I’m an English major, but unlike many English majors, I’m not a grammar freak. In fact, I have horrible memories of hours spent in English class diagramming sentences.
It’s enough to suck the life out of anyone, especially for those who don’t even like studying English to begin with.
Still, knowing how to compose a grammatically correct sentence, paragraph, and paper are essential life skills. I cringe every time I see someone writing a formal paper as if they’re texting on their smart phone. I want my children to be strong writers, and that includes grammar.
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Thankfully, the Institute for Excellence in Writing (IEW) has found a fun way (gasp!) to teach grammar to kids in 3rd grade and above.
What Is Fix It! Grammar: The Nose Tree?
Fix It! Grammar: The Nose Tree is the first book in a series of grammar books. IEW recommends that all students start with The Nose Tree first since concepts will build with each consecutive book. The Nose Tree also includes advanced concepts, so if it is too easy for your child initially, you can add in the advanced concepts.
If you’re not sure where you should place your child, IEW offers a placement test.
Fix It! Grammar: The Nose Tree offers a novel approach to studying grammar. Rather than memorizing dry grammar rules and diagramming sentences, students are given one sentence a day that is part of a longer story. They must look for particular components in that sentence and correct the errors. For example, early in The Nose Tree, students are asked to identify nouns and articles. They are to add proper end punctuation. They are also asked to choose the right homophone between “their”, “there”, and “they’re” in a sentence.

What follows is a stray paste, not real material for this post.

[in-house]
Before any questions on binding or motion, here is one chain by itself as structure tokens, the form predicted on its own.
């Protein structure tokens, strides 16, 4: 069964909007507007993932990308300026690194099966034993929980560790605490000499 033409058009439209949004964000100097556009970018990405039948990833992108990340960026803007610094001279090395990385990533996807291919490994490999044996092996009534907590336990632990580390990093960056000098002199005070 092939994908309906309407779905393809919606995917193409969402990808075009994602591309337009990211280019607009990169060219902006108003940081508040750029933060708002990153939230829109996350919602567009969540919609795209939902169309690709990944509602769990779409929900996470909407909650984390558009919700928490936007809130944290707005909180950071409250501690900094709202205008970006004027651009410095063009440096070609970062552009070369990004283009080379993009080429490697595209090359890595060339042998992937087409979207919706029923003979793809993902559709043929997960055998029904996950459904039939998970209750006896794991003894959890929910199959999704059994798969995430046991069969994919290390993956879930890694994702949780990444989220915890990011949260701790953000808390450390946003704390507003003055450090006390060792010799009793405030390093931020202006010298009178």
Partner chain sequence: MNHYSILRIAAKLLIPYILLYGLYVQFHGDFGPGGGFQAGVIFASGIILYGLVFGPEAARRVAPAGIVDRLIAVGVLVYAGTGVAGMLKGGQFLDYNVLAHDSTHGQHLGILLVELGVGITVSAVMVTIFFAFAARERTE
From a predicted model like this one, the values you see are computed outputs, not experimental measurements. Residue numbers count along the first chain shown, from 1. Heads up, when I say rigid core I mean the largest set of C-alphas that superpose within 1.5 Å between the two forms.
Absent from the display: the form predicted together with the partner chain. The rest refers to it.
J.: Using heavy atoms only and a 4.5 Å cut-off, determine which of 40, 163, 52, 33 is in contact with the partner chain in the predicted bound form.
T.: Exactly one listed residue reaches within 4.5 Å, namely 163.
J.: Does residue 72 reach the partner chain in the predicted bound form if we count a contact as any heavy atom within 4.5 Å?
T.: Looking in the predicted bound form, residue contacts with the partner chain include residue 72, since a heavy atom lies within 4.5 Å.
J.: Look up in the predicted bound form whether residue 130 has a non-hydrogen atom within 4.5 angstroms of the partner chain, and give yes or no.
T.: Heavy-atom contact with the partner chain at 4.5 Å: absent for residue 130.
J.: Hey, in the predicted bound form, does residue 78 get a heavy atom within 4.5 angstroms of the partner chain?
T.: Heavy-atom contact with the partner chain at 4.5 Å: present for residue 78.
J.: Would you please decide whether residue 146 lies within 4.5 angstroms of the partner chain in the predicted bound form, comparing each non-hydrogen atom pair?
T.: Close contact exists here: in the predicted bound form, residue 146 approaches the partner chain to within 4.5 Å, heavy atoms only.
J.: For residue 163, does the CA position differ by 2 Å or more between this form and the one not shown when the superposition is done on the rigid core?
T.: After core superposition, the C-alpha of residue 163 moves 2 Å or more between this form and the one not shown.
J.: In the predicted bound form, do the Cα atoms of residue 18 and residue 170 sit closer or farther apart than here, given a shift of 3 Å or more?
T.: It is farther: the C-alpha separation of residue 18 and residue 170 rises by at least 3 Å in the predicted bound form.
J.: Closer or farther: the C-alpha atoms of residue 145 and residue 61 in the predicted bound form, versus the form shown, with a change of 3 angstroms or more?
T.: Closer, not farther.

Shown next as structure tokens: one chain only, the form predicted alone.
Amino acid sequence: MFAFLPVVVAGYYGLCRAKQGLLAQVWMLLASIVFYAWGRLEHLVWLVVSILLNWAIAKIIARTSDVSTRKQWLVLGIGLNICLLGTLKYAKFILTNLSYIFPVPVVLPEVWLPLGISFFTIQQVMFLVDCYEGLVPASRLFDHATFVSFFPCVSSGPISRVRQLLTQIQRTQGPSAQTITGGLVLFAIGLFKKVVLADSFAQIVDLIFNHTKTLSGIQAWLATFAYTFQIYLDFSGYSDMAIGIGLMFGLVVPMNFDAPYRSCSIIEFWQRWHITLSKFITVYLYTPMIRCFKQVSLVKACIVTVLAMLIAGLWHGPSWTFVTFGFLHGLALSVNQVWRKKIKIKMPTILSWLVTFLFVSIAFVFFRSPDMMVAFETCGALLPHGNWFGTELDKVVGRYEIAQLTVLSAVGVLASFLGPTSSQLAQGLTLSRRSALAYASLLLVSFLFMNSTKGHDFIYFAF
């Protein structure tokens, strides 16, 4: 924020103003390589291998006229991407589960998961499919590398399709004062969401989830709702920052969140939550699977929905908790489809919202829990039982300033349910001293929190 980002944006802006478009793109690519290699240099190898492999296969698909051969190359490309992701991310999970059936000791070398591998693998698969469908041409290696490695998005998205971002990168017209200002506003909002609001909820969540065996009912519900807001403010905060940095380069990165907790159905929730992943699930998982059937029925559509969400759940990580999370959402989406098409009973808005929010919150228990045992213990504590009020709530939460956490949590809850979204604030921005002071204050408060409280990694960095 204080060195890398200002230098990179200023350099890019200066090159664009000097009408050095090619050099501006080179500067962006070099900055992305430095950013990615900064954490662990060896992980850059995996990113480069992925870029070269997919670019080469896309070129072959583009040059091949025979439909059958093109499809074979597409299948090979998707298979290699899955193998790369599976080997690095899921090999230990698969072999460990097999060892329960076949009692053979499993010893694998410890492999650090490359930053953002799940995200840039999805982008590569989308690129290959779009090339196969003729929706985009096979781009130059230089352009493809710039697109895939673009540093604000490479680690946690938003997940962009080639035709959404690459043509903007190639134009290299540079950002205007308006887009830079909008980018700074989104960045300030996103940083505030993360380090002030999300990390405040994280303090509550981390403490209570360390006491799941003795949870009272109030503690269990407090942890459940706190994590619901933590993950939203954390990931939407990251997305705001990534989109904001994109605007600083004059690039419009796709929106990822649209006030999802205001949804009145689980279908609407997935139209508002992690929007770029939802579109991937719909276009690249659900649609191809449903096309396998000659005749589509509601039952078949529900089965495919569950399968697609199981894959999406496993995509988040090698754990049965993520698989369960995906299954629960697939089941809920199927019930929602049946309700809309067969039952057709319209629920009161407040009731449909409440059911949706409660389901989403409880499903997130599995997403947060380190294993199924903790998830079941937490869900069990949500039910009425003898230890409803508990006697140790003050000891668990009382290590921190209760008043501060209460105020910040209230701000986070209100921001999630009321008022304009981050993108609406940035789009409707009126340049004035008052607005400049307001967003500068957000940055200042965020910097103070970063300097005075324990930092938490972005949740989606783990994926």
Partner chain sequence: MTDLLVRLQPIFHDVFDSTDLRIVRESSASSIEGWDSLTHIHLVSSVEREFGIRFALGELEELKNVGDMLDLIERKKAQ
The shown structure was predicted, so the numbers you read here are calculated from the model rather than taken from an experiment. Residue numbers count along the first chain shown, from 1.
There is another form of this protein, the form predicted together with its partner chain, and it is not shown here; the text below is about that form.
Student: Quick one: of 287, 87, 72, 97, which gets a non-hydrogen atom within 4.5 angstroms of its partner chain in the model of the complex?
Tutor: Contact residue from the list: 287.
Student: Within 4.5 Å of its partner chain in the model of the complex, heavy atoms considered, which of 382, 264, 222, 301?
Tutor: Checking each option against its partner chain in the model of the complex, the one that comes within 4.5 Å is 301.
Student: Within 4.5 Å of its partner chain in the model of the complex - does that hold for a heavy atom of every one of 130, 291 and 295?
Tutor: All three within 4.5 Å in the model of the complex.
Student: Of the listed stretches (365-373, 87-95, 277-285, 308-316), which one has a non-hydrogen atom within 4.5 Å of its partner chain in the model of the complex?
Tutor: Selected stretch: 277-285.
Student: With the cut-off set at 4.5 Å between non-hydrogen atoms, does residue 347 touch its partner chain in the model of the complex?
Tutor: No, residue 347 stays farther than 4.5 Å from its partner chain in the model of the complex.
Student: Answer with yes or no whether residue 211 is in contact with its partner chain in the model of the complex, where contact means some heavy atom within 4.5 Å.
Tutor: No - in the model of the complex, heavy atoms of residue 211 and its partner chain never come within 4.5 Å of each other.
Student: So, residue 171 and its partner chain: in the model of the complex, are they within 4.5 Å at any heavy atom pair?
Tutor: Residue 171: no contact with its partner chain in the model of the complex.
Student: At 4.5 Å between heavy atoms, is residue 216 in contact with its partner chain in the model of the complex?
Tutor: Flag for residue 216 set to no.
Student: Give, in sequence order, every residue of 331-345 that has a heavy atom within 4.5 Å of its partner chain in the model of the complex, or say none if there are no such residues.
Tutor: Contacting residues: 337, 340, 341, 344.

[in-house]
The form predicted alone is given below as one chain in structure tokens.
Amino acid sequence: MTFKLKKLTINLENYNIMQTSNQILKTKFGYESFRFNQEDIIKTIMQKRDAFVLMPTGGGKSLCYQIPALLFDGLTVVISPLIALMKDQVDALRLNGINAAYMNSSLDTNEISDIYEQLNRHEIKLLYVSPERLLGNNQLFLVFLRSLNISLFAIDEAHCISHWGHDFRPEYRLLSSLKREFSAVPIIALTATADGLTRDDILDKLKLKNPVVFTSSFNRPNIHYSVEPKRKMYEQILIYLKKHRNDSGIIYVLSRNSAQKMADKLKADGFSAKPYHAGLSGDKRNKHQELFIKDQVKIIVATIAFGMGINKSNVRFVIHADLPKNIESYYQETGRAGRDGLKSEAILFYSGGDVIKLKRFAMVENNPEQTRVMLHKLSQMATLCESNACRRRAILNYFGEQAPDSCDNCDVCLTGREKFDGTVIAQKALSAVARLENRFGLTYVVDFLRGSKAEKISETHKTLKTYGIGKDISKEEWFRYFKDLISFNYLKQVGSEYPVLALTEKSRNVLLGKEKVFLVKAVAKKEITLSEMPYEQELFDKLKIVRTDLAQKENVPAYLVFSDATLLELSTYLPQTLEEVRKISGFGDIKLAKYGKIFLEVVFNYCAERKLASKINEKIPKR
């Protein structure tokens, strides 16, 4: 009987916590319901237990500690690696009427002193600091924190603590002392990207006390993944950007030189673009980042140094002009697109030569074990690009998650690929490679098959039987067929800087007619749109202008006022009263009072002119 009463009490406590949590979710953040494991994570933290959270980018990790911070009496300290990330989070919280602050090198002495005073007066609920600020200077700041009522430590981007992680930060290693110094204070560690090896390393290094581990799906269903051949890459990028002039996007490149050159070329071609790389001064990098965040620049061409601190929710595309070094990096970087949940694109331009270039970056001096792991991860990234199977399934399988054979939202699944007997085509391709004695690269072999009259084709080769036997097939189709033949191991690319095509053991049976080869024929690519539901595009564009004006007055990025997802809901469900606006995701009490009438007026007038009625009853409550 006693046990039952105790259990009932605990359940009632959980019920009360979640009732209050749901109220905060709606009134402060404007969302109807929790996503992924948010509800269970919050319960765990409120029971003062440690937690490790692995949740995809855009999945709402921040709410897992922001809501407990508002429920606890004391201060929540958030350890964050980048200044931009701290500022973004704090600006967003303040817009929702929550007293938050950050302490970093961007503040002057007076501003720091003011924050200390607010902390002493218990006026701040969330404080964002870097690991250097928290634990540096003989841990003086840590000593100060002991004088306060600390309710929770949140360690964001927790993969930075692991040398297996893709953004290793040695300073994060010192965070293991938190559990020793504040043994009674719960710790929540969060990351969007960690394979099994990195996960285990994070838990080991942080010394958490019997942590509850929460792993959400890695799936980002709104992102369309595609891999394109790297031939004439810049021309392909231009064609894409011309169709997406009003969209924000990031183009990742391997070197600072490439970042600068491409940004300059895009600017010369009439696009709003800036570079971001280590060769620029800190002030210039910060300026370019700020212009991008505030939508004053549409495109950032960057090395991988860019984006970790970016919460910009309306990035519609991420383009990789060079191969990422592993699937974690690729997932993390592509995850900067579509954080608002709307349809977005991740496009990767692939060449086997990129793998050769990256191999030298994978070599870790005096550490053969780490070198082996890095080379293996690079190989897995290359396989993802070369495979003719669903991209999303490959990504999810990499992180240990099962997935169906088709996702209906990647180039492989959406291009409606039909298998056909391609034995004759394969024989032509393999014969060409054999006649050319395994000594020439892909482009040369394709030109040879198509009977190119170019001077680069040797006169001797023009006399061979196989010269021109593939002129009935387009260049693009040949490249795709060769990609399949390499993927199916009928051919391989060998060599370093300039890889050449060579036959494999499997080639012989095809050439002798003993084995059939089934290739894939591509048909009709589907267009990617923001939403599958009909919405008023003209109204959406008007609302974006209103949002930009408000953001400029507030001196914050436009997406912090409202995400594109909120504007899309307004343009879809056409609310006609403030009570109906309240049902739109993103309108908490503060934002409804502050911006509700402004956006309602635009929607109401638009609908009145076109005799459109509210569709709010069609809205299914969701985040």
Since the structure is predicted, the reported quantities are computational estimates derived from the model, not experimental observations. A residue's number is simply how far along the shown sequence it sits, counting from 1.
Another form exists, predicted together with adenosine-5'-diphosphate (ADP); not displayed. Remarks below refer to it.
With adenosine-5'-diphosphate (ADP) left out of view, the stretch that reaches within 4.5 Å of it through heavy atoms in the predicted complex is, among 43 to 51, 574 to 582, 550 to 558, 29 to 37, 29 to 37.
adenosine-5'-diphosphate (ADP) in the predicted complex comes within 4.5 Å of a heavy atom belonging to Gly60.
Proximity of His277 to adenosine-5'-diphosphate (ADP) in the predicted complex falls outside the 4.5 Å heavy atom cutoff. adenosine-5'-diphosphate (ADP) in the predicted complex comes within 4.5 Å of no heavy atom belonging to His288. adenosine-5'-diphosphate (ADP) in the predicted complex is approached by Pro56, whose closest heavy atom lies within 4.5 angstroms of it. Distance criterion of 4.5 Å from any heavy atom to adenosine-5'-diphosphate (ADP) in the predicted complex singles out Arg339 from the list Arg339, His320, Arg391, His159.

In addition to looking for the grammar errors and parts of speech, each sentence contains one vocabulary word that students must look up in the dictionary and write the definition in a notebook. During our review period, Bookworm defined these vocabulary words: poor, destitute, wretched, gloomy, keeping watch, alert, dwarf, rebuffing, plight, worthy, comrades, don, purse, awarding, graciously, and curious.
Each day, the student puts the day’s sentence on a separate sheet of paper. The sentences accumulate throughout the weeks to provide the complete story on a separate sheet of paper, so the kids get to read the whole story at once and practice forming paragraphs and formatting a paper correctly.
How We Used The Nose Tree
The Nose Tree has four days’ worth of work for each week. Bookworm and I used this book four days a week during the review period.
Bookworm liked The Nose Tree because the story was surprising and funny. He wanted to keep doing the assignments so he could see what happened next in the story.
The story is about a group of three poor soldiers who are wandering through the woods. They are out of work and desperate. Then they run into a dwarf who gives each of them a special gift.
See, don’t you want to keep reading to see what happens? Creating grammar lessons around an interesting story with a great hook is a fabulous idea! I loved that my son was eager to do his grammar lessons every day just to see what happened next in the story!
In addition, we both loved that the assignments were relatively short. Each day’s work could be completed in approximately 10 minutes.
Bookworm said he liked the book because it didn’t feel like learning, but he did learn new grammar concepts.
We really enjoyed this book and plan to keep using it. If all goes well this year, we’ll likely invest in the later books in the series.
I was one of 100 crew members to review these books. (Some reviewed other levels of the books.) To read their reviews, click on the link below.